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ARS Home » Plains Area » College Station, Texas » Southern Plains Agricultural Research Center » Food and Feed Safety Research » Research » Publications at this Location » Publication #134413


item Harvey, Roger
item Droleskey, Robert - Bob
item Sheffield, Cynthia
item Edrington, Thomas
item Anderson, Robin
item Nisbet, David

Submitted to: American Association of Veterinary Laboratory Diagnosticians
Publication Type: Abstract Only
Publication Acceptance Date: 7/24/2002
Publication Date: N/A
Citation: N/A

Interpretive Summary:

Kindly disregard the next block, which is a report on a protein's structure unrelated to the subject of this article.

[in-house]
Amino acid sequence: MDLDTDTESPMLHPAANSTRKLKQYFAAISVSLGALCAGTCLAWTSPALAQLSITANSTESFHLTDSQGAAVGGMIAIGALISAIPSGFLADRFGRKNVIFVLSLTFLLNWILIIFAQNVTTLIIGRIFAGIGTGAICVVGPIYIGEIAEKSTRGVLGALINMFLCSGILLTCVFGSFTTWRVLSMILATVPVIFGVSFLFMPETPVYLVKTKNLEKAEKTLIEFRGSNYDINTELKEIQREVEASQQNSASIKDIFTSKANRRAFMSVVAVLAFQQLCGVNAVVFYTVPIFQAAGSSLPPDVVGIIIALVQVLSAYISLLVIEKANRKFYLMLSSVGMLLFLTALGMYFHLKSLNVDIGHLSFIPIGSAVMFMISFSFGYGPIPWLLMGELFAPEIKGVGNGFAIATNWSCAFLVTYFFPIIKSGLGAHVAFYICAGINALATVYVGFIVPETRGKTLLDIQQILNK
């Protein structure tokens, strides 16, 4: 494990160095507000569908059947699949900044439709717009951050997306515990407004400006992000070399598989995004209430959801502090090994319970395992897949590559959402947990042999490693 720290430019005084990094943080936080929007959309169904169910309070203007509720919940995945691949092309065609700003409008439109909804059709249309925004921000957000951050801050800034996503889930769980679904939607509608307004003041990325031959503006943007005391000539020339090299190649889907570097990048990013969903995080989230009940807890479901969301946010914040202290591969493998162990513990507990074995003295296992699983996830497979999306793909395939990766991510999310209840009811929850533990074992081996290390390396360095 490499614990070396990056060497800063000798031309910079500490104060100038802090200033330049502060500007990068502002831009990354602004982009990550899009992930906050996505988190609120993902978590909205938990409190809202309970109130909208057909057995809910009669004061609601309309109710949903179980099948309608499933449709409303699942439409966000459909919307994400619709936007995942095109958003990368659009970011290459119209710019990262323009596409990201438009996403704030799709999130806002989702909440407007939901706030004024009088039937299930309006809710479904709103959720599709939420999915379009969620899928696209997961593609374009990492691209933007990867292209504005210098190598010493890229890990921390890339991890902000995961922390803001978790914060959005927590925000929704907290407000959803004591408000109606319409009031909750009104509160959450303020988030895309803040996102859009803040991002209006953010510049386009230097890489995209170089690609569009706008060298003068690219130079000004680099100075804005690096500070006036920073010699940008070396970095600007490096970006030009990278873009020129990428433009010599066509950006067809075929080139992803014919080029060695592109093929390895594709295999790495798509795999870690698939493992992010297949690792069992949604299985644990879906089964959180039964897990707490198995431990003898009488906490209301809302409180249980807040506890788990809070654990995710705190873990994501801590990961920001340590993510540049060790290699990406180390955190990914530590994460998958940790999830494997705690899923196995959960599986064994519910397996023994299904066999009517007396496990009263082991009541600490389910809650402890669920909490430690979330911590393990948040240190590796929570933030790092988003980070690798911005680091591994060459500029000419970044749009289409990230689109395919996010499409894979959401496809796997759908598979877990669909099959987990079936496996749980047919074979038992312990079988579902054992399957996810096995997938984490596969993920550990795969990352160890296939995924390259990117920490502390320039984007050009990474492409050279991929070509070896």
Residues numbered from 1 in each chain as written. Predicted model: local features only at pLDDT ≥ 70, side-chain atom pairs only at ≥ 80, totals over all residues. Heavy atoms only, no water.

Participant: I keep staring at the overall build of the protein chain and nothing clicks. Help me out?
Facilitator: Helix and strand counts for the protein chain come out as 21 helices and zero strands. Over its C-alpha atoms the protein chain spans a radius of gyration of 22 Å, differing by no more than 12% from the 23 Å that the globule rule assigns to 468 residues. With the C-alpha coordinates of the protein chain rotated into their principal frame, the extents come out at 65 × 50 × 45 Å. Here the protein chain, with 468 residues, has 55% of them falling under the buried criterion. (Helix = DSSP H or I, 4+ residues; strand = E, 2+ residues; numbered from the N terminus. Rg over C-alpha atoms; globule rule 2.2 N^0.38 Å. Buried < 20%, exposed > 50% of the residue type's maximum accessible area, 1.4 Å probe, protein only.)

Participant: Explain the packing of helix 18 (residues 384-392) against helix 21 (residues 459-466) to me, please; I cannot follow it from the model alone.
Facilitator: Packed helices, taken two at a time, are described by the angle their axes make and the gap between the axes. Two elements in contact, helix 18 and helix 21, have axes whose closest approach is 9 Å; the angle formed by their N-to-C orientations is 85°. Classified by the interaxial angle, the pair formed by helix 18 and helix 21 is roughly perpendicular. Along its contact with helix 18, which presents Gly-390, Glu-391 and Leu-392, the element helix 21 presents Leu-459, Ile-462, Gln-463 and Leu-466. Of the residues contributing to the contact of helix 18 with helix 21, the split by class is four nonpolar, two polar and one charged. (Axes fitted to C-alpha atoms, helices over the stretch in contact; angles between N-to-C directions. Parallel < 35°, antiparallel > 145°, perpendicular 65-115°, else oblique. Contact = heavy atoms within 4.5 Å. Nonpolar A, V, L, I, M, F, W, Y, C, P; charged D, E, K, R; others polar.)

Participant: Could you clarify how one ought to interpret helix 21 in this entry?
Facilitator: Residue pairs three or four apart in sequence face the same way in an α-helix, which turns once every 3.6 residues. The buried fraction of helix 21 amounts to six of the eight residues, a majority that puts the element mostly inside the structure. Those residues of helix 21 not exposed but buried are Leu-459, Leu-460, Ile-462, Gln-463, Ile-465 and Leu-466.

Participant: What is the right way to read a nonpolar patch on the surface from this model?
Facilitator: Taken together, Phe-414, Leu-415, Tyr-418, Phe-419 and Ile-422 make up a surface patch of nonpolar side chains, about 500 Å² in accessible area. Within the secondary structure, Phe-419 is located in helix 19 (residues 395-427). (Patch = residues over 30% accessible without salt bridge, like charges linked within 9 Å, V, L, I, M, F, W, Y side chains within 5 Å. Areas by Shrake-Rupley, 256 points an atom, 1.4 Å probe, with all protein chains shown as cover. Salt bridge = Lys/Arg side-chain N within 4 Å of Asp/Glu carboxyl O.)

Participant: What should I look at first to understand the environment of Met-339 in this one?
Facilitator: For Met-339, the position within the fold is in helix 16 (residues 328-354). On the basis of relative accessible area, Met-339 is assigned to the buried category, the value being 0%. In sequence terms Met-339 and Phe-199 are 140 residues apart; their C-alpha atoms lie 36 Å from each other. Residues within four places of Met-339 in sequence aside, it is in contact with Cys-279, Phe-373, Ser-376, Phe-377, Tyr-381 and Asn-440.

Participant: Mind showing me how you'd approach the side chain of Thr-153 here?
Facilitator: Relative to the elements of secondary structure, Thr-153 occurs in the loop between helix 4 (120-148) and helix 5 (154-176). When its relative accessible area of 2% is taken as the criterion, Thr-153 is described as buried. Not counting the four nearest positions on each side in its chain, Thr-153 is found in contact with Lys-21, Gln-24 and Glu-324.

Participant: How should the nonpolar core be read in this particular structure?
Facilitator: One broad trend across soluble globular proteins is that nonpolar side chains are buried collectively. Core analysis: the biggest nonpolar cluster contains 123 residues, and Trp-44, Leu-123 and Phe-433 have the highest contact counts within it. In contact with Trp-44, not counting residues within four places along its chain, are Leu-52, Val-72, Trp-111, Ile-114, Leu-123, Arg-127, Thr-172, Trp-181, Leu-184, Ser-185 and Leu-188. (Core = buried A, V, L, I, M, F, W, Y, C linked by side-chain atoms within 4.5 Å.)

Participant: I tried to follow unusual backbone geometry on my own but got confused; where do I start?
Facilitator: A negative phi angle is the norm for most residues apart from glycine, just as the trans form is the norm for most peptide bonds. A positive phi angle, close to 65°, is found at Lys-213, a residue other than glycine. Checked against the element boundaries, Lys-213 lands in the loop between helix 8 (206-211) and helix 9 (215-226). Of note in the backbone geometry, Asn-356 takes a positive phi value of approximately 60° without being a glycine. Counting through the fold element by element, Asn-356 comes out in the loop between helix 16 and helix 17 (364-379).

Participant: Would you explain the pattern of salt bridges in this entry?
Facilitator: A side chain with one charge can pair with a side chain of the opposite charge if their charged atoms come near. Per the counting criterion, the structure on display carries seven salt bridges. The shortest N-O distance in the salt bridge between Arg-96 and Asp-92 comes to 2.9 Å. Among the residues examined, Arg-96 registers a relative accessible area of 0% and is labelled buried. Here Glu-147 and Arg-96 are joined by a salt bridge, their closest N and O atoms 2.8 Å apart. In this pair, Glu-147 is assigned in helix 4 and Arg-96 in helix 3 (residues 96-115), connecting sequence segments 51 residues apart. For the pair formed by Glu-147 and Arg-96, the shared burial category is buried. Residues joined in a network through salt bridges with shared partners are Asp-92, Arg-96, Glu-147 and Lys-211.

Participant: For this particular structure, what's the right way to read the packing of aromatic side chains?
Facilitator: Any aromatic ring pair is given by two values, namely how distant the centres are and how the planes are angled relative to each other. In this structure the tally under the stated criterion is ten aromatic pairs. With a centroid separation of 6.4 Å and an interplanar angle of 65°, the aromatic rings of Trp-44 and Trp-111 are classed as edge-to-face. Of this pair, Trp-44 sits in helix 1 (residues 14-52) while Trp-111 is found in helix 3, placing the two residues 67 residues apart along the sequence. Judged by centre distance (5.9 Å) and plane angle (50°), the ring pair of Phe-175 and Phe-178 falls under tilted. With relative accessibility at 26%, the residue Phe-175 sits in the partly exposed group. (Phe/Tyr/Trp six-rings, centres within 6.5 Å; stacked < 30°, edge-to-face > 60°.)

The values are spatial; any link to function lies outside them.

Technical Abstract: The objective of the present study was to determine the prevalence of intestinal Campylobacter in lactating dairy cows from various regions of the United States. Fecal samples were collected from 720 cows on farms in the Northeast (4 farms), in the desert Southwest (3 farms), and in the Pacific West (2 farms). One farm in the Southwest was sampled 4 times. A minimum of 60 samples per sample period were collected from each farm. Fecal samples were collected rectally from each cow, were individually identified, placed into sterile plastic bags, and transported on ice to our laboratory within 24 h of collection. Samples were diluted 1:10 with phosphate buffered saline, streaked onto Campy-Cephex agar plates, and incubated at 42º C for 48 h using microaerophilic (5% O2, 10 % CO2, 85% N2) conditions. Colonies that had typical Campylobacter morphology and positive reactions for oxidase and catalase metabolism were serologically tested using a commercial latex-agglutination kit (IDX- jcl) for Campylobacter. Thirty-two bacteria tested positive by latex agglutination and were analyzed using the RiboPrinter® Microbial Characterization System (Qualicon) to obtain a ribosomal RNA pattern. Of the 32 bacteria, 24 were C. jejuni, 2 were C. coli, 4 were Campylobacter spp., and 2 were unknown, for a prevalence rate of 4.2%. The highest prevalence on any farm was 10%. The variation in prevalence did not appear to be affected by geographical location or sampling time or frequency. Under the conditions of this study, the authors conclude that Campylobacter prevalence in lactating dairy cows in the U.S. is low and that the predominant species is C. jejuni.